Antimicrobial resistance threat continues during COVID-19


The stark realities of antimicrobial resistance – including rising rates of difficult-to-treat infections, lack of a robust pipeline of future antimicrobials, and COVID-19 treatments that leave people more vulnerable to infections – remain urgent priorities, experts say.

For some patients, the pandemic and antimicrobial resistance (AMR) are intertwined.

“One patient I’m seeing now in service really underscores how the two interact,” Vance Fowler, MD, said during a June 30 media briefing sponsored by the Infectious Diseases Society of America (IDSA). A man in his mid-40s, married with a small child, developed COVID-19 in early January 2021. He was intubated, spent about 1 month in the ICU, and managed to survive.

“But since then he has been struck with a series of progressively more drug resistant bacteria,” said Dr. Fowler, professor of medicine at Duke University, Durham, N.C., and chair of the IDSA Antimicrobial Resistance Committee.

The patient acquired Pseudomonas ventilator-associated pneumonia. Although the infection initially responded to standard antibiotics, he has experienced relapses over the past few months. Through these multiple infections the Pseudomonas grew increasingly pan-resistant to treatment.

The only remaining antimicrobial agent for this patient, Dr. Fowler said, is “a case study in what we are describing ... a drug that is used relatively infrequently, that is fairly expensive, but for that particular patient is absolutely vital.”

A ‘terrifying’ personal experience

Tori Kinamon, a Duke University medical student and Food and Drug Administration antibacterial drug resistance fellow, joined Dr. Fowler at the IDSA briefing. She shared her personal journey of surviving a methicillin-resistant Staphylococcus aureus (MRSA) infection, one that sparked her interest in becoming a physician.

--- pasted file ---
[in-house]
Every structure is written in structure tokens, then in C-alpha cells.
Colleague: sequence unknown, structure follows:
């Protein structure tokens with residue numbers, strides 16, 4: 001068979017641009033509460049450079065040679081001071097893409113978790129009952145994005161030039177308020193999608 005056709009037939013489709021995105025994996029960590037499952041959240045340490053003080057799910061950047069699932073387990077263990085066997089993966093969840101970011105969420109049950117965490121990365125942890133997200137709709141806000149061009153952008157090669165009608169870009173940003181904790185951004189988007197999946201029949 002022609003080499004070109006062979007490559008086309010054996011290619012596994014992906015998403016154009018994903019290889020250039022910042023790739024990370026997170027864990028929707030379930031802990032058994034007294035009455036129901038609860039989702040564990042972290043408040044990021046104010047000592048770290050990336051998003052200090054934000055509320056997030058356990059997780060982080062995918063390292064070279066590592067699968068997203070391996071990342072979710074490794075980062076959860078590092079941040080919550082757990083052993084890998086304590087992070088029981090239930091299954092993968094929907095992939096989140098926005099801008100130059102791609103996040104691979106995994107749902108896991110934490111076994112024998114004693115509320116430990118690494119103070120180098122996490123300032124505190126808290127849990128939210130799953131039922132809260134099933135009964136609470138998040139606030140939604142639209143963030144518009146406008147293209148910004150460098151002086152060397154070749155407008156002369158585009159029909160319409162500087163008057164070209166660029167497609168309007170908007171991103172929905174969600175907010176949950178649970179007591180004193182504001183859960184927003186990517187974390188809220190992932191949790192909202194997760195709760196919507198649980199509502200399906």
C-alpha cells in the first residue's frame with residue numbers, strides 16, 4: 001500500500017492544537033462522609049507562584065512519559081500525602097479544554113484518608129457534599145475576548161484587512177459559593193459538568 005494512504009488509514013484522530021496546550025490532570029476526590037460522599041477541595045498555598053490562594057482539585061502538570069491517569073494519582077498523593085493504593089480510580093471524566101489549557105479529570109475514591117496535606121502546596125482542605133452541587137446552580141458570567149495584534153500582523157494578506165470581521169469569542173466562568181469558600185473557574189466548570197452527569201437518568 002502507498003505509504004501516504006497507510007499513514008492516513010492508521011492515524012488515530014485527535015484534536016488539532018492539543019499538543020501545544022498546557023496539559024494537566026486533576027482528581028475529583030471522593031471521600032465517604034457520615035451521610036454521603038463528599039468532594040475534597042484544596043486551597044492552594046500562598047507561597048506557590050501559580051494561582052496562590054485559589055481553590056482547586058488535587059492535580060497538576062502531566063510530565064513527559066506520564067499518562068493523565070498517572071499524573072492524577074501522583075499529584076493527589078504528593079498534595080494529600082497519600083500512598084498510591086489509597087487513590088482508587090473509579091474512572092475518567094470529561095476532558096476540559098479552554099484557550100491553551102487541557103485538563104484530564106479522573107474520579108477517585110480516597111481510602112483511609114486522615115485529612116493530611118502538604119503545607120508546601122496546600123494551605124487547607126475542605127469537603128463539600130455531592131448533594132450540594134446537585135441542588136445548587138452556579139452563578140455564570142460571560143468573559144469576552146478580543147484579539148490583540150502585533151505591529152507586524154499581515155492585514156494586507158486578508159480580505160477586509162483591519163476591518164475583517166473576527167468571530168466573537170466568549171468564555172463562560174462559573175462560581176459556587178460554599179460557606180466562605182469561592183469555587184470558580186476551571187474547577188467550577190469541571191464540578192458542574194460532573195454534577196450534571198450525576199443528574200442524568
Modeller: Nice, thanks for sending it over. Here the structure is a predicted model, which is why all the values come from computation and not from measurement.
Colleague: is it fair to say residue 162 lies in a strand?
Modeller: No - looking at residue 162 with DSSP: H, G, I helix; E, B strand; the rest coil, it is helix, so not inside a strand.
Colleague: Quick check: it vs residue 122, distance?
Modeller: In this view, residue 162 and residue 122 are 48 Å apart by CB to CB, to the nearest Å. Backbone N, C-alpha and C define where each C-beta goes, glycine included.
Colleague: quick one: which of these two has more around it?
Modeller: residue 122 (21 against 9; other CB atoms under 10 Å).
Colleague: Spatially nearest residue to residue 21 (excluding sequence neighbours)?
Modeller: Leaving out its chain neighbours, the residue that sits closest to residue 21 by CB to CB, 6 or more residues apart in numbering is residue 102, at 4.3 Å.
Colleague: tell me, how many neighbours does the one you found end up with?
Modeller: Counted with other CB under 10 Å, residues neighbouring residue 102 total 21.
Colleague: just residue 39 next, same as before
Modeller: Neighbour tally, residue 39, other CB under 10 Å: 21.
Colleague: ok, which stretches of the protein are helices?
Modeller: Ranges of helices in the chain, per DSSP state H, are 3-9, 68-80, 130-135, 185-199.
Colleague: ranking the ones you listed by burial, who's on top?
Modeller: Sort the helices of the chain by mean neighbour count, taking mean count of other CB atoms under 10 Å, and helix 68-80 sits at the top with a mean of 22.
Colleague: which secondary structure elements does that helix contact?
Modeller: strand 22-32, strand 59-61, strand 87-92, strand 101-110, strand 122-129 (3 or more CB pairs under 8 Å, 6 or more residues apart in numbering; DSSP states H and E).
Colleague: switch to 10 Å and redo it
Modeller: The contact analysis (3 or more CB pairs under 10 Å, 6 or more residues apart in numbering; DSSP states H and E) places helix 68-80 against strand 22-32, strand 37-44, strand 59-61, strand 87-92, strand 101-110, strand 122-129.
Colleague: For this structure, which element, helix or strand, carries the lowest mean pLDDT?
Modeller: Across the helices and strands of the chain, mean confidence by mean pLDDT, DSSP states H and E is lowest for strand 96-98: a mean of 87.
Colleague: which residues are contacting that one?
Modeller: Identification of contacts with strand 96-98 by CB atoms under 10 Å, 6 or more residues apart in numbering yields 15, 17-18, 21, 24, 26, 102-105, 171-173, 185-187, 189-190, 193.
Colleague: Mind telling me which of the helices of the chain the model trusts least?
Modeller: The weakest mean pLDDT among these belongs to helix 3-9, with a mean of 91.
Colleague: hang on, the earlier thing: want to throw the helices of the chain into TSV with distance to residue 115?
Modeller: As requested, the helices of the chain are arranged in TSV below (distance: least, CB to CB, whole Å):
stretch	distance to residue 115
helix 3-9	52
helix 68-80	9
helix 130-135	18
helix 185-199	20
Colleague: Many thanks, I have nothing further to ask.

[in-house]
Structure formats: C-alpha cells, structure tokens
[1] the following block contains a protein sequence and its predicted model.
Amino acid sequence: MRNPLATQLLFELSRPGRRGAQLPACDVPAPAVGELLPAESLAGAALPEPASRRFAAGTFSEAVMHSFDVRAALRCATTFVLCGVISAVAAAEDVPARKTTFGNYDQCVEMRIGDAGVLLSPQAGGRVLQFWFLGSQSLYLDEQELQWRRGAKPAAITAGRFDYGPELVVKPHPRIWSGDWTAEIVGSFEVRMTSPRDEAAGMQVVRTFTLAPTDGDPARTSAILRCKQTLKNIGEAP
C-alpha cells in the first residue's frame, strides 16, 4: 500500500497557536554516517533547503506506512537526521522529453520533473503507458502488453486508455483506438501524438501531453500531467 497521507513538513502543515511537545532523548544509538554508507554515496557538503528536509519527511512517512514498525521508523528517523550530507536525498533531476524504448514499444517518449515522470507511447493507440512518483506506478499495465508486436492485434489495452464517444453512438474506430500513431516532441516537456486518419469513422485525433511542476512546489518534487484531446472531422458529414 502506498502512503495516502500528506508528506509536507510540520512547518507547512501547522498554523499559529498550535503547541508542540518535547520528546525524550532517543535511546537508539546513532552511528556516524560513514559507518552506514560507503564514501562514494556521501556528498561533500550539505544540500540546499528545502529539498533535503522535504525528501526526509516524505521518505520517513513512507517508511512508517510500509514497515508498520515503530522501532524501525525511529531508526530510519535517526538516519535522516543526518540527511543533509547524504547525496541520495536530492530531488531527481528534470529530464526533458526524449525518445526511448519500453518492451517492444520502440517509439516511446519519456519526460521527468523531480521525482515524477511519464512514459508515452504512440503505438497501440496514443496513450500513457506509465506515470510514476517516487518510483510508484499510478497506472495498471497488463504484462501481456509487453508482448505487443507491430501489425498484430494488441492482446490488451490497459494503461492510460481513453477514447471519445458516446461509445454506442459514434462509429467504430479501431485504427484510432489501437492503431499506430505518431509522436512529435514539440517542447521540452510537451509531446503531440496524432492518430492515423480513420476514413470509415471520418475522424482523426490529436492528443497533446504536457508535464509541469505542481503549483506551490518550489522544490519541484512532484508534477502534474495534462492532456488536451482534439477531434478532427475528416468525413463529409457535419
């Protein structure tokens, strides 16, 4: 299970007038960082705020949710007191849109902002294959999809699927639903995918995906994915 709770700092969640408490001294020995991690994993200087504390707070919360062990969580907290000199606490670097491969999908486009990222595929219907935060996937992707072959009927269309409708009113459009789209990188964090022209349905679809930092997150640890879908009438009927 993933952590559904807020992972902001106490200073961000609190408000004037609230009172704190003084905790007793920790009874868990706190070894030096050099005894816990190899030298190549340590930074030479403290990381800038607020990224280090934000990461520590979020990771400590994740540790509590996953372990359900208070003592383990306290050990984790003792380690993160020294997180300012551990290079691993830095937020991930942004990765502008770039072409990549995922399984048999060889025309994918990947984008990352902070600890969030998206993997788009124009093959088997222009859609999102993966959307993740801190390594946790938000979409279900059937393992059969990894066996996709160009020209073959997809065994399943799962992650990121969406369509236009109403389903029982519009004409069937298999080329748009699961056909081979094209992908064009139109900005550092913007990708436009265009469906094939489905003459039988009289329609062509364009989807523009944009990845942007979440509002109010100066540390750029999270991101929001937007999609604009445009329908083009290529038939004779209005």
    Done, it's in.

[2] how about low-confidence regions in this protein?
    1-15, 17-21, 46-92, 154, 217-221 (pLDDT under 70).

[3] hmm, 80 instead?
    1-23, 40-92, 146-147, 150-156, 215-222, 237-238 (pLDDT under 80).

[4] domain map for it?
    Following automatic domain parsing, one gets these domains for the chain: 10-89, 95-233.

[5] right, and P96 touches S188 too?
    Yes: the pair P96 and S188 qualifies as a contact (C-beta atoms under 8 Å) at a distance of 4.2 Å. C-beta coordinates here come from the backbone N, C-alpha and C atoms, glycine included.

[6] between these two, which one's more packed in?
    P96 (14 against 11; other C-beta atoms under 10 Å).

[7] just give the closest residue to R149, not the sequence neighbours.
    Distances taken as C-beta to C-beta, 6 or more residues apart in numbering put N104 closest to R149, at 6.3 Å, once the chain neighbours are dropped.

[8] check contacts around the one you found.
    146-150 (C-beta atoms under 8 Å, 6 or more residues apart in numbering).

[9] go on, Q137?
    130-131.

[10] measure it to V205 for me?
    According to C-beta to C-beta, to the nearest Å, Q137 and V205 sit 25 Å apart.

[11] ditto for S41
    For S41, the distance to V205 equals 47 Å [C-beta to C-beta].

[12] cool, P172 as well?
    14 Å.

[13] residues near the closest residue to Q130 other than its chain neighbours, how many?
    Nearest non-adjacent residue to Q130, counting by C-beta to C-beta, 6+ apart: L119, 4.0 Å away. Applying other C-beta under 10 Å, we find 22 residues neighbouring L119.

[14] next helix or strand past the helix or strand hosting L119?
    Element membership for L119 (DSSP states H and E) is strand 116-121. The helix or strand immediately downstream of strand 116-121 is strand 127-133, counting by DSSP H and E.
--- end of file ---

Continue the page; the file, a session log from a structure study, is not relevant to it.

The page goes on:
“I had a very frightening and unexpected confrontation with antimicrobial resistance when I was a freshman in college,” Ms. Kinamon said.

A few days after competing in a Division One gymnastics championship, she felt a gradual onset of pain in her left hamstring. The pain grew acutely worse and, within days, her leg become red, swollen, and painful to the touch.

Ms. Kinamon was admitted to the hospital for suspected cellulitis and put on intravenous antibiotics.

“However, my clinical condition continued to decline,” she recalled. “Imaging studies revealed a 15-cm abscess deep in my hamstring.”

The limb- and life-threatening infection left her wondering if she would come out of surgery with both legs.

“Ultimately, I had eight surgeries in 2 weeks,” she said.

“As a 19-year-old collegiate athlete, that’s terrifying. And I never imagined that something like that would happen to me – until it did,” said Ms. Kinamon, who is an NCAA infection prevention advocate.

When Ms. Kinamon’s kidneys could no longer tolerate vancomycin, she was switched to daptomycin.

“I reflect quite frequently on how having that one extra drug in the stockpile had a significant impact on my outcome,” she said.


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